Rabail Raza ( Department of Radiology, Shaukat Khanum Memorial Cancer Hospital and Research Center Lahore, Pakistan. )
Kashif Siddique ( Department of Radiology, Shaukat Khanum Memorial Cancer Hospital and Research Center Lahore, Pakistan. )
Hamd Zehra ( Department of Radiology, Shaukat Khanum Memorial Cancer Hospital and Research Center Lahore, Pakistan. )
Waqas Ahmad ( Department of Radiology, Shaukat Khanum Memorial Cancer Hospital and Research Centre, Lahore, Pakistan. )
Abdominal wall sarcoma belongs to a heterogeneous group of uncommon malignant neoplastic conditions with differentiated morphological patterns and originating from mesenchymal tissues. Soft tissue sarcomas predominantly involve the lower and upper limbs and retroperitoneum. We present a case of a 30-year-old patient, complaining of swelling in the left flank whose magnetic resonance imaging (MRI) revealed a solid tumour on the abdominal wall of the flank and biopsy turned out to be synovial sarcoma.
Keywords: synovial sarcoma, abdominal wall surgery.
A 30-year-old female presented with abdominal pain and a palpable mass in the left side of the abdomen since 8 months. MRI scan demonstrated solid and cystic mass lesion in the outer margins of the left lateral rectus abdominis muscles with internal vascularity suspicious of a neoplastic lesion (figure).
On biopsy, the lesion was found to be a spindle cell neoplasm consistent with synovial sarcoma monophasic. No distant metastasis was seen. Patient underwent surgery without any signs of recurrence. Later on, chemotherapy was planned and post chemotherapy period was uneventful.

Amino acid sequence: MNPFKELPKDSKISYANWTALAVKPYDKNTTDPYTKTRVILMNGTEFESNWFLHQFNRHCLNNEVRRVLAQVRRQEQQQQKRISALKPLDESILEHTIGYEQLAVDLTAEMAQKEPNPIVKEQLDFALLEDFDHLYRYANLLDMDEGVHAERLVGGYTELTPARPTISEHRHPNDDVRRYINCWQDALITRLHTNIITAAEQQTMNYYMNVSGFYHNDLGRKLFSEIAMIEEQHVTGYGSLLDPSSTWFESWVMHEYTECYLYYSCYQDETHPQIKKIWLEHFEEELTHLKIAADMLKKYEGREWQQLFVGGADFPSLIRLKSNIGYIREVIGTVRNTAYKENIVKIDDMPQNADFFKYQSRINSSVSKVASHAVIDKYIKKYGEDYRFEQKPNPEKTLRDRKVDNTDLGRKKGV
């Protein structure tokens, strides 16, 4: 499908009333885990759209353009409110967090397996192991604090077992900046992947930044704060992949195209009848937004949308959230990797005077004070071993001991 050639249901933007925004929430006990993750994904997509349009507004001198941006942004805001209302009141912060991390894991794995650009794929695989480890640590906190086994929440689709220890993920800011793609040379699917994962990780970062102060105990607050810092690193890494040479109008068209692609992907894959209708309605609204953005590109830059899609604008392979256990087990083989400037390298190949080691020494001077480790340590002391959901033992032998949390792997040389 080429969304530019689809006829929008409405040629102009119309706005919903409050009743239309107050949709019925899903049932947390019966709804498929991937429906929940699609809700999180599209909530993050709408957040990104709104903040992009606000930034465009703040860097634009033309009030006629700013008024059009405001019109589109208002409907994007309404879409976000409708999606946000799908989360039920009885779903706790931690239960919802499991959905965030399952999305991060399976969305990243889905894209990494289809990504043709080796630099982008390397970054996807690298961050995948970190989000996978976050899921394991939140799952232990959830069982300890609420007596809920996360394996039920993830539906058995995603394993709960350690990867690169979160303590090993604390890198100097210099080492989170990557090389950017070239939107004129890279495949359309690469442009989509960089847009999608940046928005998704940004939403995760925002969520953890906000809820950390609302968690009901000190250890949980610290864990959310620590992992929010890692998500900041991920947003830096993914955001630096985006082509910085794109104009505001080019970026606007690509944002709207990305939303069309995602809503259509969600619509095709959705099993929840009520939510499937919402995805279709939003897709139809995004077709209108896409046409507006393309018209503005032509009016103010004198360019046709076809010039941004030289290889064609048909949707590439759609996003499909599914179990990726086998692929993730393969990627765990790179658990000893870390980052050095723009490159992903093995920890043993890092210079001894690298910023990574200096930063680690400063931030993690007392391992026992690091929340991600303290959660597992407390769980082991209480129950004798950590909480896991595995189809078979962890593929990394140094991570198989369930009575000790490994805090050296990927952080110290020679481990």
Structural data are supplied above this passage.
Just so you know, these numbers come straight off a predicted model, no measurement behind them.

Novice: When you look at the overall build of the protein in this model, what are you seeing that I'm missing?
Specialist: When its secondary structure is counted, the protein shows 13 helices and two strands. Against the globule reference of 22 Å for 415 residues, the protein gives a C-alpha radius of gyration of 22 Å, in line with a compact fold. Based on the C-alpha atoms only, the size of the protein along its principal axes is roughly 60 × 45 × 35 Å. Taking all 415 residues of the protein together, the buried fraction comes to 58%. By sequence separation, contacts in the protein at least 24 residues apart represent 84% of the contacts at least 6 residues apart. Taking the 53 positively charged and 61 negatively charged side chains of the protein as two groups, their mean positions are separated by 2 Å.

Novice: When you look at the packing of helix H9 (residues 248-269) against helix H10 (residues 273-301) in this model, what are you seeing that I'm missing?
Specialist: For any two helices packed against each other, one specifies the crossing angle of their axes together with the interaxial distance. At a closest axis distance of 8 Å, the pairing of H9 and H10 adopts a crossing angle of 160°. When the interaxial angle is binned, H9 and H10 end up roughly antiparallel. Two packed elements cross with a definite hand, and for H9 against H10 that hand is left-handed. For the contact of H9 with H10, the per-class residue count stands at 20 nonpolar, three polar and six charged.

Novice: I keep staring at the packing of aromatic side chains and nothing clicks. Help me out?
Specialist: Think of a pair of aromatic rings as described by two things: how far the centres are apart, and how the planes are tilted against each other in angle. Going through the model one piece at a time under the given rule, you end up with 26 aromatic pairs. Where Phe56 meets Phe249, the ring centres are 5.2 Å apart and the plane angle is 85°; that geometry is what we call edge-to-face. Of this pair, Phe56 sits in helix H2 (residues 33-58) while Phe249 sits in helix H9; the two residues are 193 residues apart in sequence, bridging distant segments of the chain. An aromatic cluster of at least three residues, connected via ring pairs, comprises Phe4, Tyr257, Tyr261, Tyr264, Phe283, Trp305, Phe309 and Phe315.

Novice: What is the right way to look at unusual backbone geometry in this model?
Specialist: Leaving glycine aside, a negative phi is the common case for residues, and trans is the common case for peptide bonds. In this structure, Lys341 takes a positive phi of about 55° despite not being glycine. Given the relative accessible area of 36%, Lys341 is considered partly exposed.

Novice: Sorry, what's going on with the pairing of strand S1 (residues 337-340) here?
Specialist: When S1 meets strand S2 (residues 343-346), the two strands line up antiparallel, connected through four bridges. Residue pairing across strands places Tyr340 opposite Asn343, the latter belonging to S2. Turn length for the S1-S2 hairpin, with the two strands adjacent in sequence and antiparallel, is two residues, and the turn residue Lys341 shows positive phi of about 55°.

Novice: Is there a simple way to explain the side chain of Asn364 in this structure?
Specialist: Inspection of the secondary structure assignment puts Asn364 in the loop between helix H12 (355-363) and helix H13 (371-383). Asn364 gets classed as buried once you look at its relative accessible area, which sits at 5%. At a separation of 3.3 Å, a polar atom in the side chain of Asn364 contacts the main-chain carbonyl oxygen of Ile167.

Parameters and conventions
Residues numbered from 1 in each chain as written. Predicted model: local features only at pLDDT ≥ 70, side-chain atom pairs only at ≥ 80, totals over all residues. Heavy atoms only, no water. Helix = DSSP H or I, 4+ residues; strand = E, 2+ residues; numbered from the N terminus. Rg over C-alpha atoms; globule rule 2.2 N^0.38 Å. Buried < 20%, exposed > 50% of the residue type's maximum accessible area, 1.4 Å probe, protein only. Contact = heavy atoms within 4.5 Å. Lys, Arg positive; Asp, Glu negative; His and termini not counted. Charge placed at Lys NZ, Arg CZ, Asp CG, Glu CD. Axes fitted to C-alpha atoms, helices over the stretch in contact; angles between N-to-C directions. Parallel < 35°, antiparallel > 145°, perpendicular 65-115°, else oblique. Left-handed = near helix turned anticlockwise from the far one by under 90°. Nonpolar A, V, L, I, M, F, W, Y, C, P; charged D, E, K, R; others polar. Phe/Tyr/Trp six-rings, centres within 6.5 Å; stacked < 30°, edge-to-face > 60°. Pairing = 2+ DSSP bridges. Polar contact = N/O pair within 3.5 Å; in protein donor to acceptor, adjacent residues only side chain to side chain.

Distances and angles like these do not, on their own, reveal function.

Soft tissue sarcomas make up about 20% of paediatric and 1% of adult malignant tumours. About 60% arise in extremities, 19% in the torso, 15% in retroperitoneum and 9% in the head and neck region.1 Synovial sarcoma (SS) is mesenchymal malignancy that appears in close association with joint capsules, tendon sheaths, bursae and fascial structures which is believed to arise from primitive mesenchymal cells; not synovial cells.
Although rare, SS in the abdominal wall tends to occur more frequently in females than in males. Only few such cases have been reported in literature over the last five decades.2
Imaging features are essential for staging and planning of surgical resection. On MRI, SS typically appears as prominently heterogeneous multilobulated soft tissue mass with signal intensity similar to or slightly higher than that of muscle on T1 images. The presence of multi-lobulation and marked heterogeneity on T2 images are highly suggestive of a diagnosis of SS.3
1. Roriz-Silva R, Furuno da Silva H, Ramagem CA Abdominal wall sarcoma: A rare tumor and surgical treatment proposed. Surg Rehabil 2017;1: DOI: 10.15761/SRJ.1000114
2. Murphey MD, Gibson MS, Jennings BT, Crespo-Rodríguez AM, Fanburg-Smith J, Gajewski DA. From the archives of the AFIP: Imaging of synovial sarcoma with radiologic-pathologic correlation. Radiographics. 2006;26:1543-65.
3. Vera J, García MD, Marigil M, Abascal M, Lopez JI, Ligorred L. Biphasic synovial sarcoma of the abdominal wall. Virchows Arch. 2006;449:367-72.